There Went the Future

10 April 2008

Casual Learning and Web 2.0

learn, by aaron schmidt, with Creative Commons LicenceWe presume much of the past but rarely understand exactly what it hides. In our expectation to have lived and learned enough we stumble over half-familiar ideas without a second thought. But sometimes it pays to stop and look around. Following my recent posts on knowledge management and Andrew Keen’s assault on Web 2.0, I’ve been thinking a great deal about how we learn – not just the formal ways in which we’re educated, but the mechanisms of learning by chance.

So I went back to Ivan Illich’s classic denouncement of institutionalised education in Deschooling Society. And I found the future waiting to be made.

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Monkey See, Monkey Do

7 April 2008

Throwing Poo at Andrew Keen’s Cult of the Amateur

Three Wise Monkeys, by Leo Reynolds, with Creative Commons licenceThe world needs a stirrer, someone willing to dislodge existing patterns of thought. Think Charles Darwin, Albert Einstein or Marie Curie. They all worked carefully against the orthodoxies of their times. Andrew Keen tries to ape that sort of iconoclasm in his Cult of the Amateur, but just makes a monkey of himself.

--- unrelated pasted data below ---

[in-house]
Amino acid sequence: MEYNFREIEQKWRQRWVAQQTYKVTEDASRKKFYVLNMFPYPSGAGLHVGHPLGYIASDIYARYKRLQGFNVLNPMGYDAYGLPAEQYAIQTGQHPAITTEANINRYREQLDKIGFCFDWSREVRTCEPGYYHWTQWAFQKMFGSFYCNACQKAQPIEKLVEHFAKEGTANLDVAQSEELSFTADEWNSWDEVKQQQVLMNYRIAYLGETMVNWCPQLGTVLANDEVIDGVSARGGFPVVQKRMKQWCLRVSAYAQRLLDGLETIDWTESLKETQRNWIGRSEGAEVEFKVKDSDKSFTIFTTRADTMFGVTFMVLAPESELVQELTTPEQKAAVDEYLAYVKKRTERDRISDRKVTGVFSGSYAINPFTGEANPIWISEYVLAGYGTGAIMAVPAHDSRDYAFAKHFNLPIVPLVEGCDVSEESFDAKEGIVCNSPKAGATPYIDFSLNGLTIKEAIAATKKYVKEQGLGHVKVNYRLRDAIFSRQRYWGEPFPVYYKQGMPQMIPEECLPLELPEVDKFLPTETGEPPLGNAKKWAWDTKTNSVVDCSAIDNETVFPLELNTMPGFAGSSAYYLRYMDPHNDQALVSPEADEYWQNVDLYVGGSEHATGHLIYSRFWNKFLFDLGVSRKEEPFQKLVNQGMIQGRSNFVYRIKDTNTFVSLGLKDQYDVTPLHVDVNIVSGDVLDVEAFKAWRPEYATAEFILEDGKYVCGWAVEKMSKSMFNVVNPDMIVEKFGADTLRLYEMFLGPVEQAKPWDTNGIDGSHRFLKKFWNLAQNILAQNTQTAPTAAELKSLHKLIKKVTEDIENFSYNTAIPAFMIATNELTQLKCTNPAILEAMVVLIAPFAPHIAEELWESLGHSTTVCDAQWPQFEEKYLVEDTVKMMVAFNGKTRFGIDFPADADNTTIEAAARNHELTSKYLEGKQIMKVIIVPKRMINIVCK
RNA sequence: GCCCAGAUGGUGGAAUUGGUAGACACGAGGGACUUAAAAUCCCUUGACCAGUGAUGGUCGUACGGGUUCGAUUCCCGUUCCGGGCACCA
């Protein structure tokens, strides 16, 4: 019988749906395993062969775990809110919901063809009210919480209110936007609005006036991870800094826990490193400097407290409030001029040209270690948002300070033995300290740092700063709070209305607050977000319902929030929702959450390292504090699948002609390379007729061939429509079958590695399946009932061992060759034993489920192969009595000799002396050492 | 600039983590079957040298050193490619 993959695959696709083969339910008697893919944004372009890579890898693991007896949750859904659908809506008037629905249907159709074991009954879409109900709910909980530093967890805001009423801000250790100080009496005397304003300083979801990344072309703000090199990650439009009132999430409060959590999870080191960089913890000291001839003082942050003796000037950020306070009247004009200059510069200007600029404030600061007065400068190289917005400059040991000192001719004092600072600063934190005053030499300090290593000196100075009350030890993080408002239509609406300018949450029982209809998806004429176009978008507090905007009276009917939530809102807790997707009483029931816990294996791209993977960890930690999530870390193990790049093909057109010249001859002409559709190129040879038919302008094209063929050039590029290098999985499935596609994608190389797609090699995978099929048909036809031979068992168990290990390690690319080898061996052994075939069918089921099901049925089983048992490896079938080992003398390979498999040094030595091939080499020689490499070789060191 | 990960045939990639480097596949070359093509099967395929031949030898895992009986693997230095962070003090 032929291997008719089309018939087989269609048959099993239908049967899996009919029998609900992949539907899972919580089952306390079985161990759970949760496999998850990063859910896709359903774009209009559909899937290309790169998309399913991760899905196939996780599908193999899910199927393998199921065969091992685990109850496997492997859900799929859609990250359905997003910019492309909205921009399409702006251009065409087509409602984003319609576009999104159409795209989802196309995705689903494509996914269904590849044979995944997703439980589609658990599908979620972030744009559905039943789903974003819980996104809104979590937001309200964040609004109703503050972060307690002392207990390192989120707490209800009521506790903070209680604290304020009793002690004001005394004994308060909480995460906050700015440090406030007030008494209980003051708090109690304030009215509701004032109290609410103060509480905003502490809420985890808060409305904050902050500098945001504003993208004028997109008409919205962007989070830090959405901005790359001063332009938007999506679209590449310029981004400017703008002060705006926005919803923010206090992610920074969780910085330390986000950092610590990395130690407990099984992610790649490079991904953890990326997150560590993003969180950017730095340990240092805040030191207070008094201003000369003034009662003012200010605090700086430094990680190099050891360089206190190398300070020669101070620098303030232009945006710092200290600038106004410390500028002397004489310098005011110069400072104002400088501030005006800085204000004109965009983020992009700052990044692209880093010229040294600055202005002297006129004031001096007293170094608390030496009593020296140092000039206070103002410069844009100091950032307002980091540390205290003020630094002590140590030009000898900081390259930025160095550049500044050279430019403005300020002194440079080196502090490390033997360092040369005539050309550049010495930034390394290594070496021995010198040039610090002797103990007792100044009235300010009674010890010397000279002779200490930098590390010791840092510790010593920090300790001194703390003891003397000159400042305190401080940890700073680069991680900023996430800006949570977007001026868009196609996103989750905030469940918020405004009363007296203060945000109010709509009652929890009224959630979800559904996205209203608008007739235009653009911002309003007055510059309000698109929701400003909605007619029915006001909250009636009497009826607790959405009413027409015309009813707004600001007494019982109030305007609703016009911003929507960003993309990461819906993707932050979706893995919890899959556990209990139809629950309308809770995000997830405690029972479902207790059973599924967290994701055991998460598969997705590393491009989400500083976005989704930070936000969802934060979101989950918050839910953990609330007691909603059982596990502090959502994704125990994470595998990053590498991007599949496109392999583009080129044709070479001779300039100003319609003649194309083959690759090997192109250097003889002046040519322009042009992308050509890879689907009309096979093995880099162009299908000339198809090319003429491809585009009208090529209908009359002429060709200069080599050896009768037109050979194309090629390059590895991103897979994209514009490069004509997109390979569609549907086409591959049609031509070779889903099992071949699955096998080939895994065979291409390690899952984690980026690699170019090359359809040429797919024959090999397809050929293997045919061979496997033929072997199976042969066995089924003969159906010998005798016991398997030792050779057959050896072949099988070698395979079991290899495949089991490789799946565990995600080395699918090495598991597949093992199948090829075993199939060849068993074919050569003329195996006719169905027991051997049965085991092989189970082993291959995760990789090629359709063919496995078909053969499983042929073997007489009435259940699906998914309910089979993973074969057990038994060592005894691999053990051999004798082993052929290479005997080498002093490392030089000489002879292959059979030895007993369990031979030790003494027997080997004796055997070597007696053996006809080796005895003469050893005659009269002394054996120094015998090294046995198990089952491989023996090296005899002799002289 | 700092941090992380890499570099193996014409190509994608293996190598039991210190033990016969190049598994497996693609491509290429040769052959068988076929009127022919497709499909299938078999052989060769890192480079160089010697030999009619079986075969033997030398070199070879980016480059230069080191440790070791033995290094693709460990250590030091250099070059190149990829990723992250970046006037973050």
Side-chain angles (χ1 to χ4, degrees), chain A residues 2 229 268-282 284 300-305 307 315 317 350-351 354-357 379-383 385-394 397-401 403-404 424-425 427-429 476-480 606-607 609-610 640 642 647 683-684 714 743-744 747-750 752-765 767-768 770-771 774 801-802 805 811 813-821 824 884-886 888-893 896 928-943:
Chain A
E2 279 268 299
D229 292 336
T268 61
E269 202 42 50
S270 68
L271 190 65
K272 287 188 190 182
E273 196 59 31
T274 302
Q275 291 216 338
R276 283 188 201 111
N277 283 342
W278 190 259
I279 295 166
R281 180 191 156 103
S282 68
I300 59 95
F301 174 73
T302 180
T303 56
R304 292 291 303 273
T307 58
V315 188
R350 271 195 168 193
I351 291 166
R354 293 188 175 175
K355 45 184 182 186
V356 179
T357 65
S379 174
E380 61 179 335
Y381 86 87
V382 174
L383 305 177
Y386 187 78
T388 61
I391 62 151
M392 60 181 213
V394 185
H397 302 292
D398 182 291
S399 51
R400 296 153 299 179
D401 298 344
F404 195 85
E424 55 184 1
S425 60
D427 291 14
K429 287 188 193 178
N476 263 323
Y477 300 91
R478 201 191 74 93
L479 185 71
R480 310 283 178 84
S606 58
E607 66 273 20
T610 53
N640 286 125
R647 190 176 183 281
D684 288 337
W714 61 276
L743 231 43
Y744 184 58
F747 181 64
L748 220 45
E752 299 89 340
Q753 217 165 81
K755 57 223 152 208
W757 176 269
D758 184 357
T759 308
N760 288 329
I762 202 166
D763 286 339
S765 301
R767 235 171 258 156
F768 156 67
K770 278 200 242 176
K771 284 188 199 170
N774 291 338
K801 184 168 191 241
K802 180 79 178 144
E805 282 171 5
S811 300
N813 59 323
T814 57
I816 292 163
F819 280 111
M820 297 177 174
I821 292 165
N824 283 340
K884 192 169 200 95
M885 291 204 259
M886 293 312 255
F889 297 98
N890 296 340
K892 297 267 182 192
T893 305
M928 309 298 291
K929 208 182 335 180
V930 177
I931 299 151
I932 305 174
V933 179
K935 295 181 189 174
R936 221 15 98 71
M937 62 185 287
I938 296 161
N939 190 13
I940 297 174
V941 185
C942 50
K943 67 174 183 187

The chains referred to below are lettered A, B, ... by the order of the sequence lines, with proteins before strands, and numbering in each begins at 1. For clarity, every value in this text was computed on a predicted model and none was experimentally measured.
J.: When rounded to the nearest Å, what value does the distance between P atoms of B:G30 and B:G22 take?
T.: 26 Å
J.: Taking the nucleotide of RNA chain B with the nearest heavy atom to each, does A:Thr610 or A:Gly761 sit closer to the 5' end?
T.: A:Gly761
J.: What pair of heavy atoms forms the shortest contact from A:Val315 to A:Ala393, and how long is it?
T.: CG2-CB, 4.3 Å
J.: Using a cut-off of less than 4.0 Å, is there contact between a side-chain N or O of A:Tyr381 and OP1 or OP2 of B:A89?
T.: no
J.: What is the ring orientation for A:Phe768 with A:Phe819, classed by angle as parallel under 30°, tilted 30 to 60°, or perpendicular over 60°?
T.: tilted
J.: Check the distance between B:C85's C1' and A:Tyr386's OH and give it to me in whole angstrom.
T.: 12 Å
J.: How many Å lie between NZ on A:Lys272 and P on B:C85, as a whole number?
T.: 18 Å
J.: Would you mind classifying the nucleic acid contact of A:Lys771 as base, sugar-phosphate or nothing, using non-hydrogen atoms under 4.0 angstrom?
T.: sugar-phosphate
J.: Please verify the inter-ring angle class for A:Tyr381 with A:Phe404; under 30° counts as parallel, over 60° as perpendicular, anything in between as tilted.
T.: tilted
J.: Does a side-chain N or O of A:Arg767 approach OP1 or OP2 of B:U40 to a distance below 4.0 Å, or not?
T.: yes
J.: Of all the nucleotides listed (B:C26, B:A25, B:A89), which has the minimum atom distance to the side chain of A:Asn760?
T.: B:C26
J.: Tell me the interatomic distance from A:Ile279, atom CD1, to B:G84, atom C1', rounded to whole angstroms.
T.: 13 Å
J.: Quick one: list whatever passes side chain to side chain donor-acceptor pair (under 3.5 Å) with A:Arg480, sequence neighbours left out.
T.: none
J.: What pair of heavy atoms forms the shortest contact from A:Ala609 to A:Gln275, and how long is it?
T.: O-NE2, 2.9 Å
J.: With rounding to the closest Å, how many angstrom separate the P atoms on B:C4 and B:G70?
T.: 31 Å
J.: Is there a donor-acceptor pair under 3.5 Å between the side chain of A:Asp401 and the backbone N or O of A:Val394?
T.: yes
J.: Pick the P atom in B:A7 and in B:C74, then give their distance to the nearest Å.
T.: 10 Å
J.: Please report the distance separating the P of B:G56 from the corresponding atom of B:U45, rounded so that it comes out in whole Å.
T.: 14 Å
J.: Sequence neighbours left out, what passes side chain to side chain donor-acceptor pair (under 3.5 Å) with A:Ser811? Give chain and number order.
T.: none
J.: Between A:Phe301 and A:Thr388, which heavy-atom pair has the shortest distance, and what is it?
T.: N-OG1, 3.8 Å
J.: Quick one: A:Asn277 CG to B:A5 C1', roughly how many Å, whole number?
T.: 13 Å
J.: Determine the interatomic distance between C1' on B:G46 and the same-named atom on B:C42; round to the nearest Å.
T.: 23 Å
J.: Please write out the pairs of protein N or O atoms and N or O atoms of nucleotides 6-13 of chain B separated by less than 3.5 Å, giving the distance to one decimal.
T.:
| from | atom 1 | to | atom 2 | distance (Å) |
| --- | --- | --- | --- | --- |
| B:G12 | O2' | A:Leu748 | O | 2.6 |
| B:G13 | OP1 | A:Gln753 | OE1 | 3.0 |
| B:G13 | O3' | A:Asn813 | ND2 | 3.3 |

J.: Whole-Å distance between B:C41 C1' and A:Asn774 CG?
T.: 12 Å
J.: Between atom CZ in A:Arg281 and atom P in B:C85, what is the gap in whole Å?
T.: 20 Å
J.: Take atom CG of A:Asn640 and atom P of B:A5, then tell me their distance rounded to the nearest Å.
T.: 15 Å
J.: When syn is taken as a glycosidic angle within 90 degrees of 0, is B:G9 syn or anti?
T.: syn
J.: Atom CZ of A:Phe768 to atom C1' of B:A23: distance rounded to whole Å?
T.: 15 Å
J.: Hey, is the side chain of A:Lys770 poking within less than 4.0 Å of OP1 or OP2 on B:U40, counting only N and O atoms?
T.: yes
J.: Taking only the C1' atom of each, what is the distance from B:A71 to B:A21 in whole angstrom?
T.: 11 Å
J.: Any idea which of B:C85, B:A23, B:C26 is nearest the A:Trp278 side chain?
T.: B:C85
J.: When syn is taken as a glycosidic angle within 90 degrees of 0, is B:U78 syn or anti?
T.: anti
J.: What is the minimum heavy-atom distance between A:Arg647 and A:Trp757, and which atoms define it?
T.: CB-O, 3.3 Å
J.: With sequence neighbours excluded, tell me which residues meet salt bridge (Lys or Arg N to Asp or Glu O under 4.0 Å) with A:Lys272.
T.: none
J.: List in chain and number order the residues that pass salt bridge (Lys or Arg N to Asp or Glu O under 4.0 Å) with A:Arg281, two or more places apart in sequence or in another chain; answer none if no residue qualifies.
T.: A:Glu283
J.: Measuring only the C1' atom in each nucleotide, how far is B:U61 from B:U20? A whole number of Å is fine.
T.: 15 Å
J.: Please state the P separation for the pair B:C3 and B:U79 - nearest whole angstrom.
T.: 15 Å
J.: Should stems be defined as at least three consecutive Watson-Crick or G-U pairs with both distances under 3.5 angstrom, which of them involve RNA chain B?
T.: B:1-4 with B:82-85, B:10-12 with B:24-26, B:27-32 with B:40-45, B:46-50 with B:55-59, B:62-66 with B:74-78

Or does he? Monkeys are far more clever than he seems to think.

First, let’s consider what Keen has to say. He takes issue with Web 2.0, the participatory culture of social networking sites like Facebook, the carnivale of YouTube, the black economy of file sharing and the gabble of blogs. He argues that amateurs are ruining the Internet by dumbing it down, like the infinite monkeys who might – given enough time and typewriters – tap out a masterpiece. In the meantime they’ll just type rubbish and abuse copyright, encouraged by a cabal of Silicon Valley entrepreneurs, particularly Tim O’Reilly.

Guard Statue, by Jennoit, with Creative Commons licenceThe result, Keen claims, is hard times for the newspaper and music industries, clearly without any understanding of the creative destruction that helps industries grow through innovation. He also frets at the loss of control by “gatekeepers” – editors, journalists, authors and the like, those traditional arbiters of information content. Or you might think of them as bereft zoo keepers now that the monkeys have escaped the enclosure.

Keen initially reserves his monkey comment for bloggers, who he thinks never read – at least books like his to go by comments reported in the Guardian. So I imagine empty shelves around me and – behold! – I feel a tail growing. I want to take Keen on his word, and see how a monkey could suggest that today’s Internet is actually improving the world.

Now where’s my banana.

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